Llywydd, can I first of all be clear with the leader of the opposition—there is no crisis in food supply in Wales? There are pressures in global food markets because of the war in Ukraine, and we see some temporary measures that supermarkets are having to take in order to protect certain—and it's a small number—goods, so that there can be a fair distribution of them. But there is no crisis in the food sector and my colleague Lesley Griffiths meets a whole range of relevant interests on a very regular basis. Llywydd, we will publish the clean air White Paper this year. We are on track to make sure that we legislate during this Senedd term and I look forward, as I've said to him before, to the positive support from the Conservative Party here in making sure that that legislation is as good as we can make it.
First Minister, there is a crisis. Fertiliser, which you need to grow crops, is now £900 to £1,000 a tonne; it is normally about £300 to £350 a tonne. Wheat, the key component of making bread, is north of £300 a tonne; it normally trades at £140 to £150 a tonne. Beef is at £440 a kilo; it normally trades at £340 to £360. I could go on; I like to think I've got my hand on the pulse on this one. And there is a growing storm happening, and if the Government doesn't respond, we will reap a very meagre harvest indeed, and that will play out on the shelves of this country. We need to see Government action when it comes to this particular agenda item. We're not seeing it at the moment; we're seeing delay in bringing this Bill forward. As I said, I welcome the delay if it is about making the Bill more food security-conscious, but from what the Minister has said in her previous statements, that doesn't seem to be the case. So, can you confirm today that food production will be an important element of the Bill and that food production will be a public good that can be supported from the public purse?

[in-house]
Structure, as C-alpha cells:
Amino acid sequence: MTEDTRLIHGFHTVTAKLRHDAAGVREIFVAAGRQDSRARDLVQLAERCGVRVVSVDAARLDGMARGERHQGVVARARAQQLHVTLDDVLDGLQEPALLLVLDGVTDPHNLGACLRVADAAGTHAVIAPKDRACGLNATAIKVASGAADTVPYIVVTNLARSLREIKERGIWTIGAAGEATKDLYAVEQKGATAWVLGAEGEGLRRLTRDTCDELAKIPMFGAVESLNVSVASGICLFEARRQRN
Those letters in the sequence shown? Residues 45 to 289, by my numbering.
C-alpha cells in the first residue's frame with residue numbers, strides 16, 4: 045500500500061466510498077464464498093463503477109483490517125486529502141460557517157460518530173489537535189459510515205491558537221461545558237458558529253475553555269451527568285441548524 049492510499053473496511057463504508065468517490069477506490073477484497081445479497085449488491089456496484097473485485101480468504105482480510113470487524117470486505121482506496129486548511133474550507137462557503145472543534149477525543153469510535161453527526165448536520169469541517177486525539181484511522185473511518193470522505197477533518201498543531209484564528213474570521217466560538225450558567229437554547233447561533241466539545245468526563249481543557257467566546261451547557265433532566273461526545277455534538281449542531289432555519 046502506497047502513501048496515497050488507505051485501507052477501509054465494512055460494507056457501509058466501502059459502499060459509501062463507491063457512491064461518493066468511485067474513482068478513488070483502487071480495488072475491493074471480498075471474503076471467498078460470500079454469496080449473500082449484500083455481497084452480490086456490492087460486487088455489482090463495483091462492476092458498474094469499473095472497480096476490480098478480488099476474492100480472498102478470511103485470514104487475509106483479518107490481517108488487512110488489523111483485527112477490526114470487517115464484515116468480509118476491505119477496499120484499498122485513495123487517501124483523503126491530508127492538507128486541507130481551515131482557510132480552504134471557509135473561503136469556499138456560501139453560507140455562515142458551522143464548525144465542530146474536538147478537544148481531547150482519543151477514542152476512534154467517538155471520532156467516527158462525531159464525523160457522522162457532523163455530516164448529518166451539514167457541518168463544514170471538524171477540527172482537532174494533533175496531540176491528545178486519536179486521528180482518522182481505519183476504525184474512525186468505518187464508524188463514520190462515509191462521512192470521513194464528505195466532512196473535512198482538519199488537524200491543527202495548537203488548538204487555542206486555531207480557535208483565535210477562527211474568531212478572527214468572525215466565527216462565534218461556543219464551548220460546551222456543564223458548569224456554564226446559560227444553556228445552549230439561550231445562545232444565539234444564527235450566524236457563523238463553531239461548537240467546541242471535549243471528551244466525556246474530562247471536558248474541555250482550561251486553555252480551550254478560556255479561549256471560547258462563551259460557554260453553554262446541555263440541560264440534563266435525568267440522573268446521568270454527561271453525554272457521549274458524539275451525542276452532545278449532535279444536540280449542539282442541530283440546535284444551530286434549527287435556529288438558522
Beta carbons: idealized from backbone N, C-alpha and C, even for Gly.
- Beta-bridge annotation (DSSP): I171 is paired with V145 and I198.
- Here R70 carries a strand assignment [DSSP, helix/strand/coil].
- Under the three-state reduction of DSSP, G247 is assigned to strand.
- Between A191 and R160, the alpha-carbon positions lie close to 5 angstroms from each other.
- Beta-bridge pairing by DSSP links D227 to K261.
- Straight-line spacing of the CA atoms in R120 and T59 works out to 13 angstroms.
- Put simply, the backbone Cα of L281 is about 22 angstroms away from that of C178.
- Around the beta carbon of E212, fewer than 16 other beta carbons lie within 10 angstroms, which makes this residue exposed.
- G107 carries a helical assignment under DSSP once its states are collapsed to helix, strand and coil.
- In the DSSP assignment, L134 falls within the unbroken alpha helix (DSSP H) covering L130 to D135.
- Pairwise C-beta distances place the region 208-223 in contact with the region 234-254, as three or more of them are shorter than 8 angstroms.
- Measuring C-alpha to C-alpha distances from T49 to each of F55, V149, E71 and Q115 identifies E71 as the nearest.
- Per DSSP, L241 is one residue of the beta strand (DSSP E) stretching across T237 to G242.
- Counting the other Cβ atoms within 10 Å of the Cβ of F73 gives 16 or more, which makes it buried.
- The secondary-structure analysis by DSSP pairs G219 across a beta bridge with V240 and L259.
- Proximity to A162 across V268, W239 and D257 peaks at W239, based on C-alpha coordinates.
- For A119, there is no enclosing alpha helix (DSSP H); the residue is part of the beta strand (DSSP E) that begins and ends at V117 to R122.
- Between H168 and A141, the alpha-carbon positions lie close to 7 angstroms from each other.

Llywydd, sustainable food production has always been a fundamental pillar of the future that we see for agriculture here in Wales, and there are many, many advantages that Welsh farmers have in that sustainable food production area. There are many headwinds that the agriculture sector faces in Wales. We've rehearsed the impact of the war in Ukraine, but it also faces the headwinds created by trade deals struck by the UK Government in Australia, for example, which we know will not create a level playing field for upland farmers here in Wales.